5. Due to the nature of the issue presented, the court invited the Attorney General to appear in this appeal as amicus curiae. He accepted the invitation and filed a letter brief on April 11, 1995. That brief states that “although the matter is not free from doubt, the Attorney General has exclusive authority to bring statewide class actions for treble damages under state and federal antitrust laws on behalf of political subdivisions and other public agencies of the state.” We address specific arguments in the amicus brief at various points below.
6. County counsel serves as legal advisor to the county if the county has created such position. (Gov.Code, § 26526.) Further, “[w]henever the board of supervisors appoints a county counsel pursuant to this chapter, he shall discharge all the duties vested by law in the district attorney other than those of a public prosecutor.” (Gov.Code § 27642.) In the federal class action, the county is represented by county counsel and by private counsel. To the extent the county has an independent right of action under section 16750, subdivisions (a) and (b), appellant does not contend county counsel and private counsel are inappropriate attorneys for the county. Appellant simply disagrees there is such a right of action in the present circumstances. Appellant does argue that the section 16750, subdivision (g) powers of the district attorney cannot be exercised by county counsel pursuant to Government Code section 27642. Because we hold that the power to prosecute the Cartwright Act class action arises from section 16750, subdivision (a), and not section 16750, subdivision (g), we need not reach appellant's contention. The right to sue under federal antitrust laws is conferred by those laws. (See, e.g., Georgia v. Evans (1942) 316 U.S. 159, 162, 62 S.Ct. 972, 973, 86 L.Ed. 1346.)
7. A case cited by both parties is a clear example of this duality. In People ex rel. Freitas v. City and County of San Francisco (1979) 92 Cal.App.3d 913, 155 Cal.Rptr. 319, the district attorney, in his “public official” role sued his own government entity, the City and County of San Francisco, for antitrust violations in setting taxi fares. The City and County was represented by the City Attorney, acting in the role of “government lawyer.”
8. That sentence now reads: “The Attorney General may bring an action on behalf of the state or of any of its political subdivisions or public agencies to recover the damages provided for by this section, or by any comparable provision of federal law, provided that the Attorney General shall notify in writing any political subdivision or public agency of his or her intention to bring any such action on its behalf, and at any time within 30 days thereafter, such political subdivision or public agency may, by formal resolution of its governing body or as otherwise specifically provided by applicable law, withdraw the authority of the Attorney General to bring the intended action.” The portion set out in boldface was not contained in the amendments as originally proposed.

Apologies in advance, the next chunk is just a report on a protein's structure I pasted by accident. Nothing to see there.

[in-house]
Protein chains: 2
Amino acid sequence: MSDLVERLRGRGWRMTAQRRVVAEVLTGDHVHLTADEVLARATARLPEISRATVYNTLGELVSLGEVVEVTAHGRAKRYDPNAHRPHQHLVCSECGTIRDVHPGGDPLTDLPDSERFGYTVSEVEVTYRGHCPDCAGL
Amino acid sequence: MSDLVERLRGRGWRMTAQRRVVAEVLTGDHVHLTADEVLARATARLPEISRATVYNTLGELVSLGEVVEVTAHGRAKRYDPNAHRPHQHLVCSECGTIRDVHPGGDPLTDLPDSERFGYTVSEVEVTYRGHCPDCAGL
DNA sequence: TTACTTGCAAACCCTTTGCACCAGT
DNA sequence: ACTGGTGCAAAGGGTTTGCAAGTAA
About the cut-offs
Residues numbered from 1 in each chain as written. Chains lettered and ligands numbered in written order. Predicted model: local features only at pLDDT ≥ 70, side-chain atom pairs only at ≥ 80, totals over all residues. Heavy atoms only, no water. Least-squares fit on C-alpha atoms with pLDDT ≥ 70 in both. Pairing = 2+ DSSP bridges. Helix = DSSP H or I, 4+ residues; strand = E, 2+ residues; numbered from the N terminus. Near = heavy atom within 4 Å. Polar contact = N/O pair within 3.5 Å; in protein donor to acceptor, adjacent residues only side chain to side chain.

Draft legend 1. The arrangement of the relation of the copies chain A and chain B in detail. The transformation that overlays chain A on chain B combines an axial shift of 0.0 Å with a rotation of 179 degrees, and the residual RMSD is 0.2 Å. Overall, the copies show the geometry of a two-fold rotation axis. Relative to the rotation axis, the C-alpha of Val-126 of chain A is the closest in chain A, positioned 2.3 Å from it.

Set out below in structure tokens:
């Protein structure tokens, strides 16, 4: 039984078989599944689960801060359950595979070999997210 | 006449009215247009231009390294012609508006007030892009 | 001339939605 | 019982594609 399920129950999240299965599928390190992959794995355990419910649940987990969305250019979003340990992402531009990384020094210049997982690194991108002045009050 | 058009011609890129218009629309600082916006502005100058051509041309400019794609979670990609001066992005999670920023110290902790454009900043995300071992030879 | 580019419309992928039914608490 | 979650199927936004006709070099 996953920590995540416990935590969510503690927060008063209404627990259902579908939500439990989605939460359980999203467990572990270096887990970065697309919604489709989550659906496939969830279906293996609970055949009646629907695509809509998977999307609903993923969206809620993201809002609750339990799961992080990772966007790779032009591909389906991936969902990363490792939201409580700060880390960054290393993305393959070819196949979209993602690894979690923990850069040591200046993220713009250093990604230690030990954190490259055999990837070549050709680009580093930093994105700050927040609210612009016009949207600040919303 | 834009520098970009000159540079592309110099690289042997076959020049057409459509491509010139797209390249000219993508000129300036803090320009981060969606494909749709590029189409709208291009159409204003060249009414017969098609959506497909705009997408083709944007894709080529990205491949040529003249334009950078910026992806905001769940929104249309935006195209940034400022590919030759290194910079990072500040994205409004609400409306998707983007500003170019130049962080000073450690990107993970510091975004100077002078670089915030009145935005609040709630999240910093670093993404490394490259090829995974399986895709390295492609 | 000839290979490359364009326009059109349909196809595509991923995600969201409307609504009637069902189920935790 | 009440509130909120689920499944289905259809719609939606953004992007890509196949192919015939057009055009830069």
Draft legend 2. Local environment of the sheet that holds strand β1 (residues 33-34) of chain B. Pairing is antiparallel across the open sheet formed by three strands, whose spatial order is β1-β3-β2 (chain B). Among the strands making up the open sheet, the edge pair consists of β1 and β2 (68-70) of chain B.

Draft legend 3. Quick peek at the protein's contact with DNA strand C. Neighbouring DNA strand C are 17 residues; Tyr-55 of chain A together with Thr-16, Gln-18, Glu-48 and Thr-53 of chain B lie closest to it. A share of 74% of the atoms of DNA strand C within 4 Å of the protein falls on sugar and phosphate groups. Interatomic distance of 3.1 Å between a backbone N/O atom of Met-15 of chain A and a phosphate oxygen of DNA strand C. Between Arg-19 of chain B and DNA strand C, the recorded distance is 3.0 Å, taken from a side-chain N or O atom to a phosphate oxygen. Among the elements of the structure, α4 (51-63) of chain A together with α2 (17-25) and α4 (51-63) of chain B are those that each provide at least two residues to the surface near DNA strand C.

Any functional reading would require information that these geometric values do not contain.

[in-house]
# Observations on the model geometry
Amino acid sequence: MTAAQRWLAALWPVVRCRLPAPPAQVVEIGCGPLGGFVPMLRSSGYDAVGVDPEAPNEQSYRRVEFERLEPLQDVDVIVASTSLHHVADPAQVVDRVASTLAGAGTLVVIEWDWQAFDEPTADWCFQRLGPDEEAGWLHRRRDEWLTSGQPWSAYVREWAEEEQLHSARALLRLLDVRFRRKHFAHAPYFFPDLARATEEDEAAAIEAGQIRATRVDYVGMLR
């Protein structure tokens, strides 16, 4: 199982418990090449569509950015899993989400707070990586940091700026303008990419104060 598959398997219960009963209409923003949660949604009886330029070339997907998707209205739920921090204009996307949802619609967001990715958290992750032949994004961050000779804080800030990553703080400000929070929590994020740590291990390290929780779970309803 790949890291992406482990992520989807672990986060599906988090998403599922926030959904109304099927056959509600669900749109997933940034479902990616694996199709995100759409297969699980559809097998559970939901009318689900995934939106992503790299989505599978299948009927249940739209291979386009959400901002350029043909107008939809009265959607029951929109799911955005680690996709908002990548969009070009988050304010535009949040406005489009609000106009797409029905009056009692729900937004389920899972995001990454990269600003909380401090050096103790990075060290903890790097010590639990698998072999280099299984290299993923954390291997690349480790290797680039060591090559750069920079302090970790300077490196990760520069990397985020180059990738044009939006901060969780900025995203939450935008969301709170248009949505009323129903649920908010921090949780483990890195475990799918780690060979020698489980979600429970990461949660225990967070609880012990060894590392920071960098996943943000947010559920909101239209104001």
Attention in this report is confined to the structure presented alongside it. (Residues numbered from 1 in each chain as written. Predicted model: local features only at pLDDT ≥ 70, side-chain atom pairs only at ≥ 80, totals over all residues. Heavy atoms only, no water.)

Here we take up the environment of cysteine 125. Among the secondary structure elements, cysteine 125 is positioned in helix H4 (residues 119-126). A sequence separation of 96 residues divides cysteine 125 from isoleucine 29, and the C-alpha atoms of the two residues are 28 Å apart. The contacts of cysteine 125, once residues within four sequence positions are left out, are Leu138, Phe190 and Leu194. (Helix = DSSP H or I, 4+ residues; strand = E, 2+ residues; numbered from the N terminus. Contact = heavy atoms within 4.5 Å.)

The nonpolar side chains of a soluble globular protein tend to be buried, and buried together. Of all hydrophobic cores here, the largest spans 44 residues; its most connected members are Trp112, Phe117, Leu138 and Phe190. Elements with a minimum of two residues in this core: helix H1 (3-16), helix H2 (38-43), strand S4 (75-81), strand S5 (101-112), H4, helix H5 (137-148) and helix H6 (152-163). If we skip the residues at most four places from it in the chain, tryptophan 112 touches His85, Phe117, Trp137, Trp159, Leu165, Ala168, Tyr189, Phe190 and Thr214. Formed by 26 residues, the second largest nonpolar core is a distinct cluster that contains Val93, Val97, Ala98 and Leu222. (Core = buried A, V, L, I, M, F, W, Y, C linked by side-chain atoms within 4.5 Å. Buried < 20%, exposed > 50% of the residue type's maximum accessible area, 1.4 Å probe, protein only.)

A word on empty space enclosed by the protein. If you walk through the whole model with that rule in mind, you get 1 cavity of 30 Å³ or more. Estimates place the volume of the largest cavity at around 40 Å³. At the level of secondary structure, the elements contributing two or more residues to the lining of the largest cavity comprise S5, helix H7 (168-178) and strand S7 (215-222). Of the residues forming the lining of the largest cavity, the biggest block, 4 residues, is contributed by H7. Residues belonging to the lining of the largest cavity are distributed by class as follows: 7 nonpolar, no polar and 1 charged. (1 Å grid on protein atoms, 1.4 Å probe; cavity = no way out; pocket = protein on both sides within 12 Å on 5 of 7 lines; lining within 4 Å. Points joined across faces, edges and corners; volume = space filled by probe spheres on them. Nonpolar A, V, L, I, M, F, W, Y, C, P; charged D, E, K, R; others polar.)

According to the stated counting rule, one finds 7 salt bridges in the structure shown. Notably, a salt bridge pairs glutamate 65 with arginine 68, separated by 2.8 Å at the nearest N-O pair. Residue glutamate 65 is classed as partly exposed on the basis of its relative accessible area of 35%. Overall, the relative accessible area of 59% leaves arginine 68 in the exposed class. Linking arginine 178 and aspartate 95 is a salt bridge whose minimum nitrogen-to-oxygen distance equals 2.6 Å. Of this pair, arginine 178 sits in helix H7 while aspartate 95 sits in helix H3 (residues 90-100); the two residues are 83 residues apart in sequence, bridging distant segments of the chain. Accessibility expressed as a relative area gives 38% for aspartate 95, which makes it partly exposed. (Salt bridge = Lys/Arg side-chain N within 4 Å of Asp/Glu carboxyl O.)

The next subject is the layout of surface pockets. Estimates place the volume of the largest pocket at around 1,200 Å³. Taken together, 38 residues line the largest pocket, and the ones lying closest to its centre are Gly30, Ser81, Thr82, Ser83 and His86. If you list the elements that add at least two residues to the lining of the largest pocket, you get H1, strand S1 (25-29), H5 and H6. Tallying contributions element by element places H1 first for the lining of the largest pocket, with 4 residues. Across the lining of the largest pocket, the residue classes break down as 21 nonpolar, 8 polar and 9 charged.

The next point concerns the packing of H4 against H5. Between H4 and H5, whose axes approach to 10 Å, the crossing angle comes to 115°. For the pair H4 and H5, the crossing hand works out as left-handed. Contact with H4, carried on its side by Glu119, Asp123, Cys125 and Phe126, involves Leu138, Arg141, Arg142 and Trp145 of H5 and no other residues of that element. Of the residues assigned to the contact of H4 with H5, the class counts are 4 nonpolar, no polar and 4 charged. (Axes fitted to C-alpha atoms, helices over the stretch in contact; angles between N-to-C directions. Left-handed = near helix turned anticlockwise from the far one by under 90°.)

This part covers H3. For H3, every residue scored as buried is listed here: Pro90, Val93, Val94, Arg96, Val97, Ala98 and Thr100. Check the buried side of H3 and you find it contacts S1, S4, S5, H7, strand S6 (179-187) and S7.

9. We find nothing at all implausible or absurd, as suggested by amicus, about a statutory scheme that reserves to the local elective governing body the determination to use local resources to sue on a statutory cause of action. Such power is normal for a local governing body. (See Gov.Code, § 23005 [“A county may exercise its powers only through the board of supervisors or through agents and officers acting under authority of the board or authority conferred by law”].)
10. Thus, properly viewed, subdivisions (d) and (g) of section 16750 are new and supplementary grants of enforcement power. As such, there is no anomaly in the Attorney General's responsibility to supervise the new power of the district attorney, but lack of responsibility to supervise the previously existing enforcement authority of local governmental entities. Instead of such supervisory responsibility in the case of actions initiated by local governments, the Attorney General is authorized to “render legal services as special counsel to” the local entity under certain circumstances. (See § 16750, subd. (e).)
11. This statutory scheme finds a parallel in section 16760. There, individuals retain all rights to sue for individual violations of antitrust laws, but the Attorney General and the district attorney are given concurrent power to sue on behalf and in the name of such individuals as a class. The creation of a concurrent power in the Attorney General or the district attorney does not divest individuals of the initial power to file suit on their own behalf, nor to “opt out” of such a suit, just as the local entity can under section 16750. (See section 16760, subd. (b)(2); see Bruno v. Superior Court (1981) 127 Cal.App.3d 120, 133, 179 Cal.Rptr. 342.)
12. We express no opinion about the validity of a legislative restriction that expressly prevented local governments from seeking an otherwise available federal court remedy, such as a class-wide damages judgment under the Sherman Act. We have concluded in the present case that section 16750 is not such a legislative restriction on local government entities.
ARDAIZ, P.J., and THAXTER, J., concur.